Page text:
Motorists will be able to travel at 110 km/h on seven major roads before the end of the year.
The government has confirmed the increased speed limit for the Tauranga Eastern Link and parts of Waikato expressway.
Other roads in Kāpiti and Christchurch have also be tipped for the faster speed.
Associate Transport Minister Tim MacIndoe said the limit would only be applied to roads of a high standard with double lanes in each direction, no significant corners and a median barrier.
Mr MacIndoe said the change was a balance between the safety of road users and faster travel times for motorists and freight.
He said the new speed limit would be rolled out to roads that already met the criteria over the next four months.
The draft rule has been worked on "extensively" by the Transport Agency, the Ministry of Transport, Police and the Automobile Association, he said.
Mr MacIndoe said submissions on the draft rule had been mostly supportive, and there had been no fatalities on the roads.
"They are infinitely safer than roads we were used to 10 or 15 years ago."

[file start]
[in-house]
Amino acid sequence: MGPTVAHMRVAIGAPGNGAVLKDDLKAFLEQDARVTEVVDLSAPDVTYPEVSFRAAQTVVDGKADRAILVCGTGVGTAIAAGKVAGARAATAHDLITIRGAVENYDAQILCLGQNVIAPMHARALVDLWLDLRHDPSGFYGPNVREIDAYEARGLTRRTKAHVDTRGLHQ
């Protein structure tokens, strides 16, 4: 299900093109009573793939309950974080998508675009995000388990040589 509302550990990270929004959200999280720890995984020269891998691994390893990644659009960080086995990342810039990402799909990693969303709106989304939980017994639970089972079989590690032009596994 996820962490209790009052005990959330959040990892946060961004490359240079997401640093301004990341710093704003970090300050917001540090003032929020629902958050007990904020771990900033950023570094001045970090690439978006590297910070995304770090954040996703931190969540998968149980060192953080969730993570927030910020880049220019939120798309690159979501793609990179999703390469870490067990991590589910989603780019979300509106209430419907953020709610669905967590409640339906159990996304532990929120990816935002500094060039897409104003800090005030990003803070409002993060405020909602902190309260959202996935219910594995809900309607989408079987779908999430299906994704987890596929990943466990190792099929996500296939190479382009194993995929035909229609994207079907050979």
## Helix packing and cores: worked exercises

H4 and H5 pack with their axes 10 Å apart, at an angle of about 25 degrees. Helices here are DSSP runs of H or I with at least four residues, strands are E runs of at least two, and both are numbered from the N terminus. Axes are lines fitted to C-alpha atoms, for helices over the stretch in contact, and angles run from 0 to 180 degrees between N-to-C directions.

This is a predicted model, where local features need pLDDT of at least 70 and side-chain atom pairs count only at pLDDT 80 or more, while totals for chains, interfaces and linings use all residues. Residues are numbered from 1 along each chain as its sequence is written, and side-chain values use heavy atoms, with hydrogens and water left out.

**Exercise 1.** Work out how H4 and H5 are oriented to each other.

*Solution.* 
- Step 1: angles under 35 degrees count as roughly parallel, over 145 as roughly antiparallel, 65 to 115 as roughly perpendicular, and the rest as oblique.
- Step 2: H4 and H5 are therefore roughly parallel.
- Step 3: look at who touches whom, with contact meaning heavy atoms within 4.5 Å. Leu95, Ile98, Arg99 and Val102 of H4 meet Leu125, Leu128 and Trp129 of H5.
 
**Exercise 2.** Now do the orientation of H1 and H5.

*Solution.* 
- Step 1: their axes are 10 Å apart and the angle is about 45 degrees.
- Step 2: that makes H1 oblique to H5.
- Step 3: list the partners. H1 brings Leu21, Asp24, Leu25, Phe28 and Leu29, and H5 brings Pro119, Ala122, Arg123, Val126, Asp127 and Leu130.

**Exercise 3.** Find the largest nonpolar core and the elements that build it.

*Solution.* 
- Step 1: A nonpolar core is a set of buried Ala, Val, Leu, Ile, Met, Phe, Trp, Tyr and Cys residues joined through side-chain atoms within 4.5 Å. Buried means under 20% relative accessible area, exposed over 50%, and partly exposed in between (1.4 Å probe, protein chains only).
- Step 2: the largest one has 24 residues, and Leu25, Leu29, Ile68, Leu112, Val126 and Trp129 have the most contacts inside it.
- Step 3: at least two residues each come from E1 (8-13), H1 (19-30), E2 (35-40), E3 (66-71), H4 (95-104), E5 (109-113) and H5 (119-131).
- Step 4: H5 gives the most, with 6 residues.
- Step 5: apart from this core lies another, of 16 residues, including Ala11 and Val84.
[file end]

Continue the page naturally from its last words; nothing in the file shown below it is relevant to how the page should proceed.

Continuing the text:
The Automobile Association said raising the speed limits was well overdue.
Spokesperson Mike Noon said 79 percent of the association's members have wanted increased limits on high quality roads since 2014.
He said the new roads were well designed.
"They're divided, they're multi-lane, they've got run-offs, they've got wide lanes, they've got good delineation, they don't have things like trees and poles and ditches along the side.
"These are roads that are designed for a safe operating speed of 110 km/h."
Mr Noon said some countries with the lowest road death tolls had speed limits of up to 130km/h.
National road safety charity Brake NZ's director Caroline Perry said she saw the devastation that speed caused.
Ms Perry said she could not comment on the policy because of restrictions on charities during election time, but said speed was almost always a factor in car accidents.
She said she wanted to see continued improvements around roads, driving behaviour and car safety.
Mr MacIndoe said he was not concerned about people taking advantage of the new rule.
"Ultimately, everyone is responsible for the decisions they make and they must obey the road rules," Mr MacIndoe said.